Horticulture

Horticulture is the cultivation of garden plants, fruits, berries, nuts, vegetables, flowers, trees, shrubs and turf. Horticulturists work for plant propagation, crop production, plant breeding, genetic engineering, plant biochemistry, plant physiology, storage, processing and transportation. They work to better crop yield, quality, nutritional value and resistance to insects, diseases, and environmental pollution. Here is a region wise list of crop management measures(External website that opens in a new window)(External website that opens in a new window) for horticultural plants in India.

Horticulturalists use modern nurseries for the production of seedlings and mother plants. These plants are propagated through different methods such as seeds, inarching, budding, veneer grafting, patch budding and soft wood grafting. More detailed information on modern nurseries(File referring to external site opens in a new window) , maintenance of mother plants and composition of rooting and potting mixtures.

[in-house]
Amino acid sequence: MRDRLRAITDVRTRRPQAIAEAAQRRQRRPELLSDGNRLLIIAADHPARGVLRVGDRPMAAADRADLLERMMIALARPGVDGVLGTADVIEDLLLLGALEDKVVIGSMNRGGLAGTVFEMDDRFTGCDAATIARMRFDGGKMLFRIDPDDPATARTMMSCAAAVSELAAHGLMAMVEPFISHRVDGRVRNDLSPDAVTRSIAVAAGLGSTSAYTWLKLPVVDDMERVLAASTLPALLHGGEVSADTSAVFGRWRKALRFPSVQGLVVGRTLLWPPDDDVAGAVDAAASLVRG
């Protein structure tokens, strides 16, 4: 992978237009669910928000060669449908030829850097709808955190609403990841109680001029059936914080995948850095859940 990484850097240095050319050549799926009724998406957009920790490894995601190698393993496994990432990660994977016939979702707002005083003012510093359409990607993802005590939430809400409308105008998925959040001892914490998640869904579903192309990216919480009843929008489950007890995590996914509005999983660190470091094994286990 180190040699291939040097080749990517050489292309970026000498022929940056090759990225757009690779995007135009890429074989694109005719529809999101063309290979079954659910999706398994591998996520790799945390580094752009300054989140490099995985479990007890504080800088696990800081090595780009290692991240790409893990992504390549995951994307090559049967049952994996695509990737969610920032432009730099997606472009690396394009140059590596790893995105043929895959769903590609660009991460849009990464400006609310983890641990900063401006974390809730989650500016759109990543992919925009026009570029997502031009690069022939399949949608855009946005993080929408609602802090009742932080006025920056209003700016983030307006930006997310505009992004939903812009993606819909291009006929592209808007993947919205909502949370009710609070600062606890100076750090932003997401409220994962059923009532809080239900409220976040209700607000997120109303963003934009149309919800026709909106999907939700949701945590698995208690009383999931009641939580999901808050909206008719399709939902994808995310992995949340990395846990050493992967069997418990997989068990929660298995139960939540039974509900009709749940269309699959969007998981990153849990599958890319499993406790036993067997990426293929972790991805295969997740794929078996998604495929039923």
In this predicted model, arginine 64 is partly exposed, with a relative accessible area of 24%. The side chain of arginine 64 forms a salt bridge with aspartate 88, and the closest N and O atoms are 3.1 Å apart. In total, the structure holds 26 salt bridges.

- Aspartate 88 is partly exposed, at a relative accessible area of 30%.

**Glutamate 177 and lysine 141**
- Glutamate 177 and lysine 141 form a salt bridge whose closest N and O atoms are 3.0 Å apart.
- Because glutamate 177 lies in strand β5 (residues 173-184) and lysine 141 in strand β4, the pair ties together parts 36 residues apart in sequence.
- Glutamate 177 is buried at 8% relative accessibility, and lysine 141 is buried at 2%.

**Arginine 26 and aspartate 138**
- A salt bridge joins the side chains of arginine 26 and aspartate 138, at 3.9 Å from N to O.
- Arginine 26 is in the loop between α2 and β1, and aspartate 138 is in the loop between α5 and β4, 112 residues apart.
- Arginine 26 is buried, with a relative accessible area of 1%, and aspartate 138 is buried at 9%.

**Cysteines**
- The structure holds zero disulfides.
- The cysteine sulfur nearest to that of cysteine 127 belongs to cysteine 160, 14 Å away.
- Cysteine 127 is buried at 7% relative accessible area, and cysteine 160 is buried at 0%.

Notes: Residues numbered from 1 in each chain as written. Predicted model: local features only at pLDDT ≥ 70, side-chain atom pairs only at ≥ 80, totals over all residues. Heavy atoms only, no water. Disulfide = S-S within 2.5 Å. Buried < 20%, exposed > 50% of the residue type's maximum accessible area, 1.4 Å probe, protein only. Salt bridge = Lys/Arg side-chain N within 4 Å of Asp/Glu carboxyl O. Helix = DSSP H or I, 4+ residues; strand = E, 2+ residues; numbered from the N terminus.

• Tamil Nadu - This State is suitable for horticulture because of its rich bio diversity and appropriate climate. A wide variety of tropical fruits, temperate fruits, vegetables, spices, condiments, plantation crops, medicinal herbs, aromatic plants and commercial flowers are grown here.
  • Jammu and Kashmir(External website that opens in a new window) - The horticulture industry is the mainstay of the rural economy of Kashmir. Every year, this industry earns revenue of over Rs. 50 crores. Fruits cultivated in Kashmir include a variety of apples, pears, cherries, walnuts, almonds, peaches, saffron, apricots, strawberries and plums.